A major stop along the ancient Silk Road, Samarkand has emerged as one of the world’s true culinary destinations. The various ethnic groups that have passed through the city all left their delectable mark on Uzbek food, which fuses Turkic, Tajik, Mongolian, Russian, Jewish, and other traditions.
The main ingredients include meat (mostly mutton), vegetables, flour, and plenty of fat. Bread is a staple (known locally as nan, patir, or lepeshka), generally cooked in a tandoor oven. Noodle dishes and hearty soups stave off chilly winter temps. A few must-trys:
This lamb and rice pilaf dish is so synonymous with Uzbekistan, it was recognized on the UNESCO List of Intangible Cultural Heritage. Each region of the country serves its own variety; Samarkan plov adds yellow carrots.
Also known as basma, this slow-cooked stew is another Uzbek essential. Lamb, potatoes, peppers, and other ingredients are layered, with a final topping of cabbage to seal in the moisture.
A thick soup that warms you to the bones. Made with rice, meat, potatoes, and other vegetables, served with a dollop of sour cream.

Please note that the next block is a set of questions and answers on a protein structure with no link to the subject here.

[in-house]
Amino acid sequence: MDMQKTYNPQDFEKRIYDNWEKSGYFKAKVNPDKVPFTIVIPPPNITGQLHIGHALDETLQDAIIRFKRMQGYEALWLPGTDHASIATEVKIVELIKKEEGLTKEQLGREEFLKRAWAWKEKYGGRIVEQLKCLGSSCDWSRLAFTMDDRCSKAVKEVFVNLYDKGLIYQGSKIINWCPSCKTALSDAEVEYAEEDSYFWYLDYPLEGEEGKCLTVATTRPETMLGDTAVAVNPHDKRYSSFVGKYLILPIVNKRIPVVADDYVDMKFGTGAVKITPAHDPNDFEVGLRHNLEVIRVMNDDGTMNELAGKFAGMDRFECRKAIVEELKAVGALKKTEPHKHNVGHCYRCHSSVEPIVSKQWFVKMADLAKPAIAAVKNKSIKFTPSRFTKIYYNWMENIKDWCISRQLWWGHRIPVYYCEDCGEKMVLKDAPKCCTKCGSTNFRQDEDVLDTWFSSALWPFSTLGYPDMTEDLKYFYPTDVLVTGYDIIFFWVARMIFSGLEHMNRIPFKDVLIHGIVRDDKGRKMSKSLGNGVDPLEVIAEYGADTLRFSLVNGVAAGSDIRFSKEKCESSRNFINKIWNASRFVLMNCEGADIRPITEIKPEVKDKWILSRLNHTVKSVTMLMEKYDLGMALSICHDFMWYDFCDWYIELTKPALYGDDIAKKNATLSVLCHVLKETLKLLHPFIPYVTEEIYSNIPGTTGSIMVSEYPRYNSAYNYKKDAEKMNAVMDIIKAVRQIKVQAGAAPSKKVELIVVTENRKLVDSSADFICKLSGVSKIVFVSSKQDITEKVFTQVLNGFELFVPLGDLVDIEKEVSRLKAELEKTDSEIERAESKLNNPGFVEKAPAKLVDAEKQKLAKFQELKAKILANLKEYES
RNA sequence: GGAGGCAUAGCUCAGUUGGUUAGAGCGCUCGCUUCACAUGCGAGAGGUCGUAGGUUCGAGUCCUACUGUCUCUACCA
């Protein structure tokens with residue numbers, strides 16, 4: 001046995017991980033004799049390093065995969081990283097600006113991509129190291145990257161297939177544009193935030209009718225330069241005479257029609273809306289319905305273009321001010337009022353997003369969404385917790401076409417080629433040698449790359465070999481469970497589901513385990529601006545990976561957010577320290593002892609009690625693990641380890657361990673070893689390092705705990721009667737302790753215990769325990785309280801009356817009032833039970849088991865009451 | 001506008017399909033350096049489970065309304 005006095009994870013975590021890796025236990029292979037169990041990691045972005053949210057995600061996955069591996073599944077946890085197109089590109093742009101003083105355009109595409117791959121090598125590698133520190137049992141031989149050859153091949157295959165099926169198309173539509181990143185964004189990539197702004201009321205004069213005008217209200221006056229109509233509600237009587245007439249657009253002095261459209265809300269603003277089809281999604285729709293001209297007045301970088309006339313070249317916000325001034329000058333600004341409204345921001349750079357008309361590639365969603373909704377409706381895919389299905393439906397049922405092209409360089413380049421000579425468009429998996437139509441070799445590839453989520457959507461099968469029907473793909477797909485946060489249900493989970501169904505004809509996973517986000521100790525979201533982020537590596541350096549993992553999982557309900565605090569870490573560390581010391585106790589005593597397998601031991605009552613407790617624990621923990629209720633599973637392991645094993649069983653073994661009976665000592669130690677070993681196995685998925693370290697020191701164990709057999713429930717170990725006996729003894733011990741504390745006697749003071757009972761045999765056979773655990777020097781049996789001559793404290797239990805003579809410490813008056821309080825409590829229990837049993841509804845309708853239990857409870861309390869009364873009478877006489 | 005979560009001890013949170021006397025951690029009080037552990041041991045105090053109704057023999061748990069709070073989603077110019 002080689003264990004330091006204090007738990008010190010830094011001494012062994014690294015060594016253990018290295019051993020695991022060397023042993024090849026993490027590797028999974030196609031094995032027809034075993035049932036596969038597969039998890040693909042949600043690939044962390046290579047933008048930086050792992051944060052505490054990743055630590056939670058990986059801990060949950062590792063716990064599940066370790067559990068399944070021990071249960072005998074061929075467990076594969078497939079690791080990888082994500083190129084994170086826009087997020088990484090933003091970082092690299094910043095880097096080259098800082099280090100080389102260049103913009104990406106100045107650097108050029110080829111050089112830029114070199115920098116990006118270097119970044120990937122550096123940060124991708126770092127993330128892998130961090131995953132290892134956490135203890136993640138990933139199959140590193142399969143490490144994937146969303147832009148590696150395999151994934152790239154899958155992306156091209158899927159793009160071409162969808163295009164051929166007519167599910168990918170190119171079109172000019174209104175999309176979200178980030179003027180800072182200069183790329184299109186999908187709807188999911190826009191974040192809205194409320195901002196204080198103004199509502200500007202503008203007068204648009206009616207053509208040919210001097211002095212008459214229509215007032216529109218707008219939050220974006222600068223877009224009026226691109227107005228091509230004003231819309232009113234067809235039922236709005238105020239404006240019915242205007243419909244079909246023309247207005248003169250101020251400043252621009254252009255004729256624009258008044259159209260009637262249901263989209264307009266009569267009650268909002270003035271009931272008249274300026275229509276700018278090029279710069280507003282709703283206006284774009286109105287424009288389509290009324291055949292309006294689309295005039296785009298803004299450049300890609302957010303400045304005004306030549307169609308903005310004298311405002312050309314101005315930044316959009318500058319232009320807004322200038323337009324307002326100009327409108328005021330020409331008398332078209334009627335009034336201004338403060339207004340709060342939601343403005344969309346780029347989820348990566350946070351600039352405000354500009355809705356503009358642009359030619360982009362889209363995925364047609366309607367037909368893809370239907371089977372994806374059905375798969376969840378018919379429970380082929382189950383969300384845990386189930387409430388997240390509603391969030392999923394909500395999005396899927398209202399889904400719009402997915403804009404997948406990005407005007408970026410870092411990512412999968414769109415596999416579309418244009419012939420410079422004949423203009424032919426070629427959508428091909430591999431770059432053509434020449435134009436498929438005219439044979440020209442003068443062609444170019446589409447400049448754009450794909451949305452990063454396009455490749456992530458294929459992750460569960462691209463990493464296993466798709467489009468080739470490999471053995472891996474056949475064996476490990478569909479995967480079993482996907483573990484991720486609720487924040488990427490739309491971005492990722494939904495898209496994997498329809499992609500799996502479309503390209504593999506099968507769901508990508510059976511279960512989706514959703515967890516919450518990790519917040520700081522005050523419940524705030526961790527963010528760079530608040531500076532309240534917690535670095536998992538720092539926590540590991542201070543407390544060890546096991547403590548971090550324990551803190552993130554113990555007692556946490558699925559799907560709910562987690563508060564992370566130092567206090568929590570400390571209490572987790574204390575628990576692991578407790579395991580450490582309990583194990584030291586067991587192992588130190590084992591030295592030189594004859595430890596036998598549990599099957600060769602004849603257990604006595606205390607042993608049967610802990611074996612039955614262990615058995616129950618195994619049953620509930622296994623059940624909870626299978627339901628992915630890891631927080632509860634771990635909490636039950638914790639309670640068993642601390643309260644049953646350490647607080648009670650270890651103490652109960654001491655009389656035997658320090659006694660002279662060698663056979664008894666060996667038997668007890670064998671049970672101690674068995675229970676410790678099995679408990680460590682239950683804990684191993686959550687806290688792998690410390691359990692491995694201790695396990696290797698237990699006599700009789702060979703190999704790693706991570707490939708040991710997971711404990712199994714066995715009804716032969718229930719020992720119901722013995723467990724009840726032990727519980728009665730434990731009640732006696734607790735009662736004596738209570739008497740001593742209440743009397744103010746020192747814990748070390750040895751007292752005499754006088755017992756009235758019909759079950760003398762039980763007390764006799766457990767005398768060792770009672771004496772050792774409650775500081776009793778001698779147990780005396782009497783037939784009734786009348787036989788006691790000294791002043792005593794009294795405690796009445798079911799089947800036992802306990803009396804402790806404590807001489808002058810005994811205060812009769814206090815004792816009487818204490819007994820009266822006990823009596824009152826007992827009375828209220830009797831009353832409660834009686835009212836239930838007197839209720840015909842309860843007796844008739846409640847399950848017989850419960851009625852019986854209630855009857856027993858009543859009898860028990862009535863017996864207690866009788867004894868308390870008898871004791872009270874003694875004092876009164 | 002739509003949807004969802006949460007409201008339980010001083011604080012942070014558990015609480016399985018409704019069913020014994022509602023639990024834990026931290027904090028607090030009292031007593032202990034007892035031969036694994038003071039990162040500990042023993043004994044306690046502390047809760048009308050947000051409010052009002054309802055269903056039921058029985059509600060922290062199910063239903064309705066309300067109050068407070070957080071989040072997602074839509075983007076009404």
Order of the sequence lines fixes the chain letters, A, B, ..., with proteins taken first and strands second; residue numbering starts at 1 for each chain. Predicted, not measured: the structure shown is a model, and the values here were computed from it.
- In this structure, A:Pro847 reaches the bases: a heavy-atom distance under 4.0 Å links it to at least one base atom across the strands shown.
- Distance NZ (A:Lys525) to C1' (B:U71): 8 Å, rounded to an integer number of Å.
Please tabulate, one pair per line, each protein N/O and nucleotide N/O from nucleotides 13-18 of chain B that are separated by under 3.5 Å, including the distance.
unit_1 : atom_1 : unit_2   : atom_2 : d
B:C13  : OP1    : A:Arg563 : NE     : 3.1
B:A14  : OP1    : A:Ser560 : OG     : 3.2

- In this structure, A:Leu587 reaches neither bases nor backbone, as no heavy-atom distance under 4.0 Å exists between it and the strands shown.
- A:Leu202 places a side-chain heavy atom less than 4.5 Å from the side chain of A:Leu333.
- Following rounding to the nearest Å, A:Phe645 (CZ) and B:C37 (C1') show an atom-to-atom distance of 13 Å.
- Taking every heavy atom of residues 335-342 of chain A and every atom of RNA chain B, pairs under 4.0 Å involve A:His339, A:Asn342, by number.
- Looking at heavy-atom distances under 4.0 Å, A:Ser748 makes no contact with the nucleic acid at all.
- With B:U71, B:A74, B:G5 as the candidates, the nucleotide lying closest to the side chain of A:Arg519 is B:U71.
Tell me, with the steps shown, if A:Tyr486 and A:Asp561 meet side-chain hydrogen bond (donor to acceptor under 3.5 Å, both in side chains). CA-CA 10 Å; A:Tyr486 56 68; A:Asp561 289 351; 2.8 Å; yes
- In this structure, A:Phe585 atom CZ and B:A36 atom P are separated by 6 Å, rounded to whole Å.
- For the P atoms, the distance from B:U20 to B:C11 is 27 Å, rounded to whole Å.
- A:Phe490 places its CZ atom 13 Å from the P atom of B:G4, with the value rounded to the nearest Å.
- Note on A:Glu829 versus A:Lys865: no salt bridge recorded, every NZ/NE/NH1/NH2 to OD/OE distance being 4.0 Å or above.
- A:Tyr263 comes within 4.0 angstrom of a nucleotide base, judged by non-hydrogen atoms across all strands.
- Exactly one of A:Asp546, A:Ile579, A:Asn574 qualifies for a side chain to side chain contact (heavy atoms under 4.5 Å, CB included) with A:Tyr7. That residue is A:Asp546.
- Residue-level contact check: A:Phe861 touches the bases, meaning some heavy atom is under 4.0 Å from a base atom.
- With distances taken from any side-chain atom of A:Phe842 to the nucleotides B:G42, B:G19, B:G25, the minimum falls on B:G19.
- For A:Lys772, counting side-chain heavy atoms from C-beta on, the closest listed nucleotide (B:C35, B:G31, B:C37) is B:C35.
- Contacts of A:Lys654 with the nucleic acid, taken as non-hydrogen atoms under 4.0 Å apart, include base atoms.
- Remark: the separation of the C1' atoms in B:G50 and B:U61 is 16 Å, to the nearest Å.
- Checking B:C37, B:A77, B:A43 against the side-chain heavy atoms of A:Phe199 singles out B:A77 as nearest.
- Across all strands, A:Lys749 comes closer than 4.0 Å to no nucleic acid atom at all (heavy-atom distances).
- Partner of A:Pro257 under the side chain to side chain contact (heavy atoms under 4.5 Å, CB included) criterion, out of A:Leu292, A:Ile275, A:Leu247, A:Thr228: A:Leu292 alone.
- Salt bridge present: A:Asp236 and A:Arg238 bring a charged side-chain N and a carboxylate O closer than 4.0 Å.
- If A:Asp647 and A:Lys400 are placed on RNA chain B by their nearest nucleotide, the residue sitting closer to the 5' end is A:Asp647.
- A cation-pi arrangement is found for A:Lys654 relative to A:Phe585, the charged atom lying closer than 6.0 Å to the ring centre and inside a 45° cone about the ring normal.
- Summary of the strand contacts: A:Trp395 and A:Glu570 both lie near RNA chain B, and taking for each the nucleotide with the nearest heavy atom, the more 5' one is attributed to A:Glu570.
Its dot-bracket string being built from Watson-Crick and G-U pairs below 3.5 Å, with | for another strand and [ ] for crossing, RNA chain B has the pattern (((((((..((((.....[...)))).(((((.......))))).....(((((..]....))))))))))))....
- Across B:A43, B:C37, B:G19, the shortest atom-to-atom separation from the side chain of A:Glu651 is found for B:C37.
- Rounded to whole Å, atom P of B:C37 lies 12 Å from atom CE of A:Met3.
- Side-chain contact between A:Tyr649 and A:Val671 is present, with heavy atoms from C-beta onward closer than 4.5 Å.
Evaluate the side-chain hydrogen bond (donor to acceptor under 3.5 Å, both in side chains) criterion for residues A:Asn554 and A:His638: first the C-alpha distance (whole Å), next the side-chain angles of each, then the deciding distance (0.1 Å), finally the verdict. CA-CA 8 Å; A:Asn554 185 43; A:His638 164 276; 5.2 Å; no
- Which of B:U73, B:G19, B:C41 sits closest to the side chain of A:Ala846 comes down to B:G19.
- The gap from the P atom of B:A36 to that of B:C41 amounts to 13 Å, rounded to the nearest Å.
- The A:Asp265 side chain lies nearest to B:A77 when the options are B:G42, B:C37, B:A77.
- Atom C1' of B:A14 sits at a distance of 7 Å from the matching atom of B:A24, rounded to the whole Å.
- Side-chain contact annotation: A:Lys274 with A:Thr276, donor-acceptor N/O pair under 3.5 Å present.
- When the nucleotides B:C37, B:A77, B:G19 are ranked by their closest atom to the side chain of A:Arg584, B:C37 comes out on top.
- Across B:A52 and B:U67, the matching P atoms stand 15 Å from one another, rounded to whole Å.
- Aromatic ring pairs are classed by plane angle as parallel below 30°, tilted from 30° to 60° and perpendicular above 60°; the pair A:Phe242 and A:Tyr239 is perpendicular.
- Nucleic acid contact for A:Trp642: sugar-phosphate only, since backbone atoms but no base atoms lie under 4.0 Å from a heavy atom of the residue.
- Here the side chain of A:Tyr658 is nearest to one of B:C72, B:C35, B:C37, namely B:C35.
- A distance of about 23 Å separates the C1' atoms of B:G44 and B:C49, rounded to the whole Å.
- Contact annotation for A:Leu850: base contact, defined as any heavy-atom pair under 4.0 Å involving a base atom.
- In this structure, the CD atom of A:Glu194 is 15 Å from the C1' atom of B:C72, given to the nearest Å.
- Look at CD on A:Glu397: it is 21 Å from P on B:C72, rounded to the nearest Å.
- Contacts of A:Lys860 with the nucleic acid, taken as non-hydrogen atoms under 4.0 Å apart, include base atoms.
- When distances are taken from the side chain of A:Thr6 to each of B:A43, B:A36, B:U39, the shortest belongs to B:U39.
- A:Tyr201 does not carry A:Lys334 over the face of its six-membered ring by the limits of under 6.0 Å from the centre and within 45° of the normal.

These triangular puff pastries, served hot out of the tandoor, are at once crunchy, soft, and so-so-good. They can be filled with lamb, beef, onions, herbs, and even pumpkin.
Tasty little steamed dumplings that are stuffed with a variety of meat, spices, or vegetables, sprinkled with dill, and served with sour cream or a yogurt sauce.
Uzbek kebabs skewer chunks of lamb or lyulya (a mix of mutton and spices) topped with raw onions and often served with adjika, a hot red pepper sauce.
This spicy soup combines hand-pulled, stretched noodles with plenty of meat and vegetables.
Food For Thought: Travel writer Caroline Eden and food writer Eleanor Ford takes you on an evocative culinary journey (complimented by brilliant photography) in Samarkand: Recipes & Stories from Central Asia & The Caucasus. $24; amazon.com